Grandstream IDOR

Vangelis Stykas 20 Aug 2018

Grandstream are a provider of IP and voice comms equipment. We were having a look at the GWN cloud management platform, used for remote device and wireless network management.

It connects around 5 million devices in total. That’s a LOT of devices in businesses all around the world.

Hosted in AWS, it must be secure, because it uses “Bank-grade TLS encryption from end-to-end”

But we don’t think they were counting on our resident API Destroyer, @evstykas is a free service with straightforward username/password authentication. No MFA, but hey.

After creating our own accounts for our own equipment, Vangelis noticed an issue with one of the API requests:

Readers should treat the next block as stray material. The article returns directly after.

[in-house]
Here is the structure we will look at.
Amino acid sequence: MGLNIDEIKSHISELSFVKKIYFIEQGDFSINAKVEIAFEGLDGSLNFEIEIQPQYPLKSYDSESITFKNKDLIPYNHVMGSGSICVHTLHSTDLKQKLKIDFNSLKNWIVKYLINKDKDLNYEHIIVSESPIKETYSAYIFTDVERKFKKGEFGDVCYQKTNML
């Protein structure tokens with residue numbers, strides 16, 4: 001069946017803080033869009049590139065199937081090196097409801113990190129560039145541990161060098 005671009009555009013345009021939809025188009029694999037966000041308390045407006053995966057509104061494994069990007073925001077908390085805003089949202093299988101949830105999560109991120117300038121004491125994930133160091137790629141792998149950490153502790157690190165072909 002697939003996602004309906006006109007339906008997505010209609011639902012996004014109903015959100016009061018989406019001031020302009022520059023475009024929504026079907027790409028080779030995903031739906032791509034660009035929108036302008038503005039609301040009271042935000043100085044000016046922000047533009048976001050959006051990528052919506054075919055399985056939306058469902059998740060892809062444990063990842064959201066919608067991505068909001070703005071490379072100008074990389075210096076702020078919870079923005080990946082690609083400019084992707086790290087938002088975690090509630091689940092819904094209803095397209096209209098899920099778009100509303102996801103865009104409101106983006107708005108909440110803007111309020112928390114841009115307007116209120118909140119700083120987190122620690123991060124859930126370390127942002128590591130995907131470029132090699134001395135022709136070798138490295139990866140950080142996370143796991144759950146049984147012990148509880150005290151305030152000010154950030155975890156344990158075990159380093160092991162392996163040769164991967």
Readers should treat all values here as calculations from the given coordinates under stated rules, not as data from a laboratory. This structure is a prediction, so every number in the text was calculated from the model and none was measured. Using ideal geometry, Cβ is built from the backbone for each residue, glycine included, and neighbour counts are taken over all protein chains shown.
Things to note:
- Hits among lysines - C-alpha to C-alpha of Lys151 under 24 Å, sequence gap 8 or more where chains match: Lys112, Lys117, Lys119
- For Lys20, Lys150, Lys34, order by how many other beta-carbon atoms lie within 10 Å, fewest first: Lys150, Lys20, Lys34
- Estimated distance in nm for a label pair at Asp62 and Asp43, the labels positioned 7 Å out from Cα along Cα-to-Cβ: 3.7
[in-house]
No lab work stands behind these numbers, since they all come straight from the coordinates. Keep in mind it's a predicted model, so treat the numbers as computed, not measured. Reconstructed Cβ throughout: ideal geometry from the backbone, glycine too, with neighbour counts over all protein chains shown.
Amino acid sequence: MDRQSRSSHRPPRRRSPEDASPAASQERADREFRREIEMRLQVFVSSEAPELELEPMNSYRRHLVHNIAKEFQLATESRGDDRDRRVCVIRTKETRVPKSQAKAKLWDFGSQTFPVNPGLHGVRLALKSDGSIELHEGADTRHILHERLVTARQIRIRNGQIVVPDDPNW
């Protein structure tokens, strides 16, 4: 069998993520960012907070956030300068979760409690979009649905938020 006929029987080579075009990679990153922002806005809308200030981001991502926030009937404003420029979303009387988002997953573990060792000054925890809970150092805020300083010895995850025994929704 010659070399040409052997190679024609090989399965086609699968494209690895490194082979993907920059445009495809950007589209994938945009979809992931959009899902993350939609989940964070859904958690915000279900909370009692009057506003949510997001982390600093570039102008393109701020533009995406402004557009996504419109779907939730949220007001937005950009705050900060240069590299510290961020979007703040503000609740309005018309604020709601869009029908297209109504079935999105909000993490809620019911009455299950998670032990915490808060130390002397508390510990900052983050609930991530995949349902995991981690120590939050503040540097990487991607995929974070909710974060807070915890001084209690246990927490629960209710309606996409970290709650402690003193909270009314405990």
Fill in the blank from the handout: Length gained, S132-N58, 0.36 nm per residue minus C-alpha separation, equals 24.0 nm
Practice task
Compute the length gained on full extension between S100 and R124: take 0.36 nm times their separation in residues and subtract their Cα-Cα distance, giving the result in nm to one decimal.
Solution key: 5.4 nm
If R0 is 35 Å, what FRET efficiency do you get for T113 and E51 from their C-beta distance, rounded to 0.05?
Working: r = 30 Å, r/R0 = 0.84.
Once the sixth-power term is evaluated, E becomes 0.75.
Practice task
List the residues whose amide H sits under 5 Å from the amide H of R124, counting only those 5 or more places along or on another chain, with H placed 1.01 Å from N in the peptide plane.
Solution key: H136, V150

<screenshots and IDOR>


We reported the issue to Grandstream support, in the absence of a vulnerability reporting contact. In fairness, they were pretty good at receiving it and responding:

Ticket 20200807155357 was created and responded to the following day, confirming the vulnerability and that a fix had already been implemented.

A shame about the trivial IDOR in their cloud service, but great that they responded so promptly.

We have no idea if the service had been compromised using this vulnerability previously.


Insecure Direct Object References are hugely common in APIs. We still aren’t sure why IDOR/BOLA isn’t number 1 in the OWASP Top Ten, but it’s critical to authorise ALL requests properly.

Common areas that request authorisation is overlooked include:

Authorising a change to the email address to which password reset emails are sent

Authorising adding of a user to a group

Authorising modification of a user’s permissions

Any one of the above totally compromise user accounts and/or the wider system

If you don’t check that the requestor is the correct user, then your authorisation is shot to pieces: any authenticated user can make the request